Depression in Youth

December 19, 2017 2 Comments

Recently, I have been hearing too many stories on the news about depression in youth and suicide rates. They are both on the rise and it needs to halt. Being open about depression and/or anxiety is OK in my world. Can it be uncomfortable to talk about? Yes. Does it make me feel vulnerable? Absolutely. Especially when I am writing about it on the internet which has the potential to reach millions of people in a matter of seconds. If you are someone who experiences depression and/or anxiety or knows someone who battles with it, know that you are not alone. Most importantly, please know that suicide is not the answer.

Today, I am depressed. Life has gotten in my head and taken over my mind and body. For my ‘Stranger Things’ fans, let’s just say the ‘Demogorgon’ took over me like Will Byers in season 2. I’m not quite sure how to put into words the way I feel today other than depressed. I have a difficult time describing depression because it’s a feeling. For me,  depression is a deep sadness. It’s numbing and uncomfortable. It’s wishing and wishing I could snap my fingers and change my mood from sadness to sunshine. Occasionally, it’s endless tears with endless tissues but not today, thank goodness.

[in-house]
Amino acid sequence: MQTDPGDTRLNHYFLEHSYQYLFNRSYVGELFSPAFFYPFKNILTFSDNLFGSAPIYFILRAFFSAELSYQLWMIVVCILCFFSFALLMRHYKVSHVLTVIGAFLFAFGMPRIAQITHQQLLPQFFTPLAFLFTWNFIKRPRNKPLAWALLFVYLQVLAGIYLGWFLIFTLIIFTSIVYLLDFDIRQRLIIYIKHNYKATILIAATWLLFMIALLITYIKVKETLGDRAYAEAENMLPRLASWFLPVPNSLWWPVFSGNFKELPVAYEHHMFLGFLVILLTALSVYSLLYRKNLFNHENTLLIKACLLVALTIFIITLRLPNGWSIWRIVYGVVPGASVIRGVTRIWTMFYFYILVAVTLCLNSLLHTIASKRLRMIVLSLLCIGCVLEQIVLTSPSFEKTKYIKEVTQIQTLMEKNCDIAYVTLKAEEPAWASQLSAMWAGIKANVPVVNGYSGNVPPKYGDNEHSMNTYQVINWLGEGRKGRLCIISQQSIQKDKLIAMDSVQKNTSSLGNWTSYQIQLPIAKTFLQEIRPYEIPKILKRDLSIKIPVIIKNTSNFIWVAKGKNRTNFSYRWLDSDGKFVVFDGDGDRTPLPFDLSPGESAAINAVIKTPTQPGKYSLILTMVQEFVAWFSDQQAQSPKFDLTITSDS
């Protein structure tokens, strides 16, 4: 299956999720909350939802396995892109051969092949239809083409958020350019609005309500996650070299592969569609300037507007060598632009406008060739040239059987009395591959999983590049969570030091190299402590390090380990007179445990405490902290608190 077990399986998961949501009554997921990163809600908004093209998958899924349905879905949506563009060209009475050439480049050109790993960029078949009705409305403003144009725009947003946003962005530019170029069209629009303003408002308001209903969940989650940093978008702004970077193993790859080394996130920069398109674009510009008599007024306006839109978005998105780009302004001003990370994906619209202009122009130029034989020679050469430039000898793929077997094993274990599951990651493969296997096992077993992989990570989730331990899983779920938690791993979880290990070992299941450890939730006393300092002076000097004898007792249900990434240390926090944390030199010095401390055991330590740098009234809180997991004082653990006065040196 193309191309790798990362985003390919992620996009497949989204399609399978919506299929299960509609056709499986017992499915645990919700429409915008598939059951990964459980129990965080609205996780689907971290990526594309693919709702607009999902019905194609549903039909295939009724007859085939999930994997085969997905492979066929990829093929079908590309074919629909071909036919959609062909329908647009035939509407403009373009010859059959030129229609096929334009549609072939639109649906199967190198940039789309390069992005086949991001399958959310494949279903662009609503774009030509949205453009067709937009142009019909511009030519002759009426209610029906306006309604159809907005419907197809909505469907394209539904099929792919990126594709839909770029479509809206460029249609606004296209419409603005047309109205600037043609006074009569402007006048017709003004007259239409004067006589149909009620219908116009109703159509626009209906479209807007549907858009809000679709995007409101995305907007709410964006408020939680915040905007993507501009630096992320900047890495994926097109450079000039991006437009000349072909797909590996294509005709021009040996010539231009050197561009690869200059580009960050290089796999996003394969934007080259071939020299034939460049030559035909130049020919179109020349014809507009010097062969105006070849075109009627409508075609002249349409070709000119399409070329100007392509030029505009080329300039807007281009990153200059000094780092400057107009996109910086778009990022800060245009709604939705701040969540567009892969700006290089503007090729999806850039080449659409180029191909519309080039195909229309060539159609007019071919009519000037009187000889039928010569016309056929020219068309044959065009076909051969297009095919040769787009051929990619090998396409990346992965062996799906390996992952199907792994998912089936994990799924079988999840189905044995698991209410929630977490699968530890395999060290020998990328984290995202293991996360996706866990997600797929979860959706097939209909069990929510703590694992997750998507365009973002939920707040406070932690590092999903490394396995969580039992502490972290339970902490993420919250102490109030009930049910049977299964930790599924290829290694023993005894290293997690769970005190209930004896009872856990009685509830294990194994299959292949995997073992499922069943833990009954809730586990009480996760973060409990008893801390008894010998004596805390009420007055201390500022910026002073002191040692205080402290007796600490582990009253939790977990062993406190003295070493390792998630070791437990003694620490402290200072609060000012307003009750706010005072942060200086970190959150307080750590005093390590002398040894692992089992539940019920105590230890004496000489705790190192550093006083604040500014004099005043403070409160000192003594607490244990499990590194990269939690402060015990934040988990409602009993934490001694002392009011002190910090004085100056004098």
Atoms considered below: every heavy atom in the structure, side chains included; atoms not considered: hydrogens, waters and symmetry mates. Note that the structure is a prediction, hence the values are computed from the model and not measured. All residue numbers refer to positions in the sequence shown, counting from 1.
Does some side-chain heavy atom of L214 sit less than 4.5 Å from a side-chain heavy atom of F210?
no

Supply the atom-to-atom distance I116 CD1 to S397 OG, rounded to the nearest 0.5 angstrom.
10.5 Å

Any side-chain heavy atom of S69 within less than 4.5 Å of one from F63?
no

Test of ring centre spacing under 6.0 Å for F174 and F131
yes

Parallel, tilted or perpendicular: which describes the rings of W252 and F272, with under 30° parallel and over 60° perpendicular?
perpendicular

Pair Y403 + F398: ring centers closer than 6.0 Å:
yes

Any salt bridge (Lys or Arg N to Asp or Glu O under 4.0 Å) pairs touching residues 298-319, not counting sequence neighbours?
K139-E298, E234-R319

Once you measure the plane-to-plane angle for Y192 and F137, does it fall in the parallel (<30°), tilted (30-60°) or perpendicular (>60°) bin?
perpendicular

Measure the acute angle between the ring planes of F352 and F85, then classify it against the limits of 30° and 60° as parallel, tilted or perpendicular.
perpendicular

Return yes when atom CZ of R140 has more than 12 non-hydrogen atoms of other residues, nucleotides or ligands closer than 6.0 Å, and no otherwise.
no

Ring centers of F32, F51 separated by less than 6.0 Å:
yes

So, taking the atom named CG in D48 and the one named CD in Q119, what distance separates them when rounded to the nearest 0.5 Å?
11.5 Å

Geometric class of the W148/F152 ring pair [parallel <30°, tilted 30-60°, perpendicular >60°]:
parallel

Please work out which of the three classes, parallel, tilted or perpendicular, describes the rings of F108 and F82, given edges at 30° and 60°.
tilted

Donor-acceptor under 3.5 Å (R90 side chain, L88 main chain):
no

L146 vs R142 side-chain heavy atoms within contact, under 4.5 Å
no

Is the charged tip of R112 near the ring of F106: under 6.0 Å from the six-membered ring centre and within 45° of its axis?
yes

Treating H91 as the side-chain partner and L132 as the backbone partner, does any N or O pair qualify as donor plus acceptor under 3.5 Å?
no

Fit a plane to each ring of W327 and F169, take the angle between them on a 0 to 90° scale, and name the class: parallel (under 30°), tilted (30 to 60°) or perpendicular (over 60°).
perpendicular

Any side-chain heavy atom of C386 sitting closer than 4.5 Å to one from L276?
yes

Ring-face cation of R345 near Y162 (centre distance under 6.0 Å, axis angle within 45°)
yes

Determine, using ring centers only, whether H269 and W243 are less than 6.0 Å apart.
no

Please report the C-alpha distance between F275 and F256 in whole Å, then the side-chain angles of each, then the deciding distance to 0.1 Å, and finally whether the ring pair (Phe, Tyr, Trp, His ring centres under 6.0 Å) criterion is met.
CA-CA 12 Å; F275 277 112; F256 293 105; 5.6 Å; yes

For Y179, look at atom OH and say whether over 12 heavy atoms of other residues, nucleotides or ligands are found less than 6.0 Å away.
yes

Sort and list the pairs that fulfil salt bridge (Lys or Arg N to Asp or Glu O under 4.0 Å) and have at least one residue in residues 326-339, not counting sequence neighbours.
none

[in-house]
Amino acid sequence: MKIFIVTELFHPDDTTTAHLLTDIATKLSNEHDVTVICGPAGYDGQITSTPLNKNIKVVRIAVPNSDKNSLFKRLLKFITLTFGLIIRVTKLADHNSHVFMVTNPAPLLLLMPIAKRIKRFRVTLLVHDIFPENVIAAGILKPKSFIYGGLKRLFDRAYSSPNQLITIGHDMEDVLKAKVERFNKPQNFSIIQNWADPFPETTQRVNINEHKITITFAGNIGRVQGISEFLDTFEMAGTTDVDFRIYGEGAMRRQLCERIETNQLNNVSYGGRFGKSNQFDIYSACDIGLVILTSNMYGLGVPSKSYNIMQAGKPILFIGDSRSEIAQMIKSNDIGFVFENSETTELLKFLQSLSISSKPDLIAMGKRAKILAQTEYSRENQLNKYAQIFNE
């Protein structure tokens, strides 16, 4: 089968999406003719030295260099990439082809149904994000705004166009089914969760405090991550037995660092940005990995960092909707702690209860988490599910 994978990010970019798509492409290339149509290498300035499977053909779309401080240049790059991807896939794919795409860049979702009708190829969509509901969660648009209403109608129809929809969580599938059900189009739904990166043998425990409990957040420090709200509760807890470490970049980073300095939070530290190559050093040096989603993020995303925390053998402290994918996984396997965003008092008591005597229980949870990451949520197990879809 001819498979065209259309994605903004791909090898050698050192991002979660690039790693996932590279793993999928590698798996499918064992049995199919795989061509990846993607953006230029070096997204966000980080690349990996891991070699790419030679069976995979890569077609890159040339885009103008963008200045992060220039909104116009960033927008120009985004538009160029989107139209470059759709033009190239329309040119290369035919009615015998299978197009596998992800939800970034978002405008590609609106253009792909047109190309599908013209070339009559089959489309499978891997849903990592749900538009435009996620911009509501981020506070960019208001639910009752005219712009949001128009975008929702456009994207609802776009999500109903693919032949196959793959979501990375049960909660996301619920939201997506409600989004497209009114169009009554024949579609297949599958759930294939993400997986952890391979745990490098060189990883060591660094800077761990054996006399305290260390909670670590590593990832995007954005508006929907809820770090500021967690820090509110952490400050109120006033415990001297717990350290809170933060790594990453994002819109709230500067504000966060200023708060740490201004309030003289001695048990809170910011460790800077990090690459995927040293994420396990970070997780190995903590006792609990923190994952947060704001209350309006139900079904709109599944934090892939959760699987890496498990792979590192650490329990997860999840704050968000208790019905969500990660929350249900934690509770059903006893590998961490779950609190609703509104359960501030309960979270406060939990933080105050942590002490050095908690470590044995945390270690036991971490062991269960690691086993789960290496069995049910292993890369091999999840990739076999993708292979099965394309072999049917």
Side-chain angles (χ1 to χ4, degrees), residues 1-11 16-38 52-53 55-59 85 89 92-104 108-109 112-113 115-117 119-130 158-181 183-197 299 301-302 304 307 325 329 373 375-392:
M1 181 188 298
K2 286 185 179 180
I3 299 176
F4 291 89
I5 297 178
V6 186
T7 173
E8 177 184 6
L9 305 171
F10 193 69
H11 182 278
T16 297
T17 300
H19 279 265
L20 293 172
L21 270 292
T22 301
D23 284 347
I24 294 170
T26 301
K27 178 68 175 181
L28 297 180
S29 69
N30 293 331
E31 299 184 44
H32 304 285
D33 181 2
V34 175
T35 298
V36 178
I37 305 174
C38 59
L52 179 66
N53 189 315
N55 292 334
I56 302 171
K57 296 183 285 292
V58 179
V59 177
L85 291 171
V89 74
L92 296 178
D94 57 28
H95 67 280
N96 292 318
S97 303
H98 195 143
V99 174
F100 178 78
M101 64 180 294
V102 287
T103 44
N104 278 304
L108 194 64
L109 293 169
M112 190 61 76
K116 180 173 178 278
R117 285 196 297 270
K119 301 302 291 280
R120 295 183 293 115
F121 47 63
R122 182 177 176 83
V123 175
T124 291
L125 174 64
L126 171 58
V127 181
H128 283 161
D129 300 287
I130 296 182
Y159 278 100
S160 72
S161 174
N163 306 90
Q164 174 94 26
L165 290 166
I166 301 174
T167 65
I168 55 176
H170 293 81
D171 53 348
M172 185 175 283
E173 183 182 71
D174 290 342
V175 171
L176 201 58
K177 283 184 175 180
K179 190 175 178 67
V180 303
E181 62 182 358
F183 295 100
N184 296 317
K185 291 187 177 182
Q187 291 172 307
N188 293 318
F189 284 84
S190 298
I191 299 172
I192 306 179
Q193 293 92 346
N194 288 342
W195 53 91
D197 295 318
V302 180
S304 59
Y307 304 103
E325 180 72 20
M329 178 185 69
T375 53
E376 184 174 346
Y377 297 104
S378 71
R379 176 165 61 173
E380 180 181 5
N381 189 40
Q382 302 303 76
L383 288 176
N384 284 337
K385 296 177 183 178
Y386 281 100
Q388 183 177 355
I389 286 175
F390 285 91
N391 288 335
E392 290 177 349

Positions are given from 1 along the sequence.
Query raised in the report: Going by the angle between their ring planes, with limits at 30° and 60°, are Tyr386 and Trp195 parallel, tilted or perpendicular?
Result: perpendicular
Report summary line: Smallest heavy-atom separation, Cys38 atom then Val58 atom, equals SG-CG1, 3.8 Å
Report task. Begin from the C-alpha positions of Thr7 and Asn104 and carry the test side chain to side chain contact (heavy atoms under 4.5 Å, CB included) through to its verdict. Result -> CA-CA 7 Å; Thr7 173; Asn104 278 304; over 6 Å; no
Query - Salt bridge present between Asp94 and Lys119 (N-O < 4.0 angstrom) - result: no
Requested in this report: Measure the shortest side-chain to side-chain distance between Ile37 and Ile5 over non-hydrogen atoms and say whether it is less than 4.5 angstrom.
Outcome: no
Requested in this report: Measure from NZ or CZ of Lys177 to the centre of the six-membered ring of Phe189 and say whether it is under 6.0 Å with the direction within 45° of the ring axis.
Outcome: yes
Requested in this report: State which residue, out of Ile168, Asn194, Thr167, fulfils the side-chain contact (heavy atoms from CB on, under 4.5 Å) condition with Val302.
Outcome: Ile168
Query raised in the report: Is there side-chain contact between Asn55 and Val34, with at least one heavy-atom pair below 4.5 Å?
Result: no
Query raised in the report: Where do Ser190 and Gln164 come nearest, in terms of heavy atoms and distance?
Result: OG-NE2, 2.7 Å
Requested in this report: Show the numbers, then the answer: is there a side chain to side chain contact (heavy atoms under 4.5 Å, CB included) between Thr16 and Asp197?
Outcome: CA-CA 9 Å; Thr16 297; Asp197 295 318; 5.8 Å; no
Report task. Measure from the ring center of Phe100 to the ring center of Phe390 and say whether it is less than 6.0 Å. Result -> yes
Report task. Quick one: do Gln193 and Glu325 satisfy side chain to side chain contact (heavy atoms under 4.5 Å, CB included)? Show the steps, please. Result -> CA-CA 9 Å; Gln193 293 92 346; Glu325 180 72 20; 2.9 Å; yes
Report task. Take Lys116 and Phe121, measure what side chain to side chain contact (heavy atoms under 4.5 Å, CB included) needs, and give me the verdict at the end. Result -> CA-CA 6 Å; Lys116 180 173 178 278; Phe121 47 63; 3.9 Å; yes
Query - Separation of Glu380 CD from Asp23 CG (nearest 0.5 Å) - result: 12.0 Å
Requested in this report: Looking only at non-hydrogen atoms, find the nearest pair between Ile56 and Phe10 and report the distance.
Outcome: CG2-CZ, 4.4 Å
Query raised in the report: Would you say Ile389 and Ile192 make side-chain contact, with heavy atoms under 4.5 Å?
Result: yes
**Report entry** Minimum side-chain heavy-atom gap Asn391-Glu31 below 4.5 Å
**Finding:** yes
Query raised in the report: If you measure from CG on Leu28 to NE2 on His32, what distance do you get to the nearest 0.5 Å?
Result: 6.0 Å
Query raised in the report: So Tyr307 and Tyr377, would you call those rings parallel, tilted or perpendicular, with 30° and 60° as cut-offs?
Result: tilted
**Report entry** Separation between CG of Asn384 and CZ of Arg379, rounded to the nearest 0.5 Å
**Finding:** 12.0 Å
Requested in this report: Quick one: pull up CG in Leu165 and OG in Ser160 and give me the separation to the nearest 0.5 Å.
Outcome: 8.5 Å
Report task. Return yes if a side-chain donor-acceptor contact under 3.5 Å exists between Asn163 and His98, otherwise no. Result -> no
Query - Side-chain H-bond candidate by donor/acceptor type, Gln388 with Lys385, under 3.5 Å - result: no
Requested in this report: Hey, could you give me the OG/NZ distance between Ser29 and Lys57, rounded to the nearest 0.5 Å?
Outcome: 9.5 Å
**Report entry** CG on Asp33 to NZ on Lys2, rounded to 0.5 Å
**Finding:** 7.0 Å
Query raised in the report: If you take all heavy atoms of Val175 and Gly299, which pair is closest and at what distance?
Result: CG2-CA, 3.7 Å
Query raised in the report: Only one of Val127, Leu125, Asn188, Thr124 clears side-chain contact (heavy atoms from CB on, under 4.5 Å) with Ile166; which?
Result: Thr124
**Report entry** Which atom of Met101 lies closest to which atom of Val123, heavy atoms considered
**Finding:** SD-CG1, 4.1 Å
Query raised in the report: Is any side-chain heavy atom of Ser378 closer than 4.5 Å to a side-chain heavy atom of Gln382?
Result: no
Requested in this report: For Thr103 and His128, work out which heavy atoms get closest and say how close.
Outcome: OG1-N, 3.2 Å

The most challenging thing about depression is knowing time doesn’t stop for me. I wake up feeling I need to sleep for another 24 hours but the reality of needing to be present at work in a couple of hours hits me. If it’s not work for you, maybe it’s the birthday party, going to school, the baby shower, the wedding, Easter, whatever it is, it doesn’t make it easier. It’s difficult to manage the deep sadness while being a friend, a daughter, a sister, a granddaughter, a role model, a coach. For you, it may be being a mom, dad, grandma, grandpa, aunt, uncle, boss, employee, doctor, therapist, the list goes on. Each of us has a unique role in this world. My point is, putting on a happy face on the days where I feel depressed is extremely tough and that is OK.

The people who struggle with depression and/or anxiety should not have a stereotype stamped on their forehead. I listened to a news story on a 12 year old girl who took her own life in June, 2017. The story emphasized how shocking it was because she fit the “All American Girl” image. This made me so sad for the world. I post this picture of myself along with these words to tell you that is complete bullshit. Do I look like someone who struggles with depression? Do I look like someone that may struggle to get out of bed? When people realize there is depth to humans beyond their looks, the quicker we can put a halt to depression and suicide rates, especially in our youth.




December 17, 2017


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    December 20, 2017

    Thanks for sharing.

    • Reply

      December 20, 2017

      You are welcome! Have a Merry Christmas!

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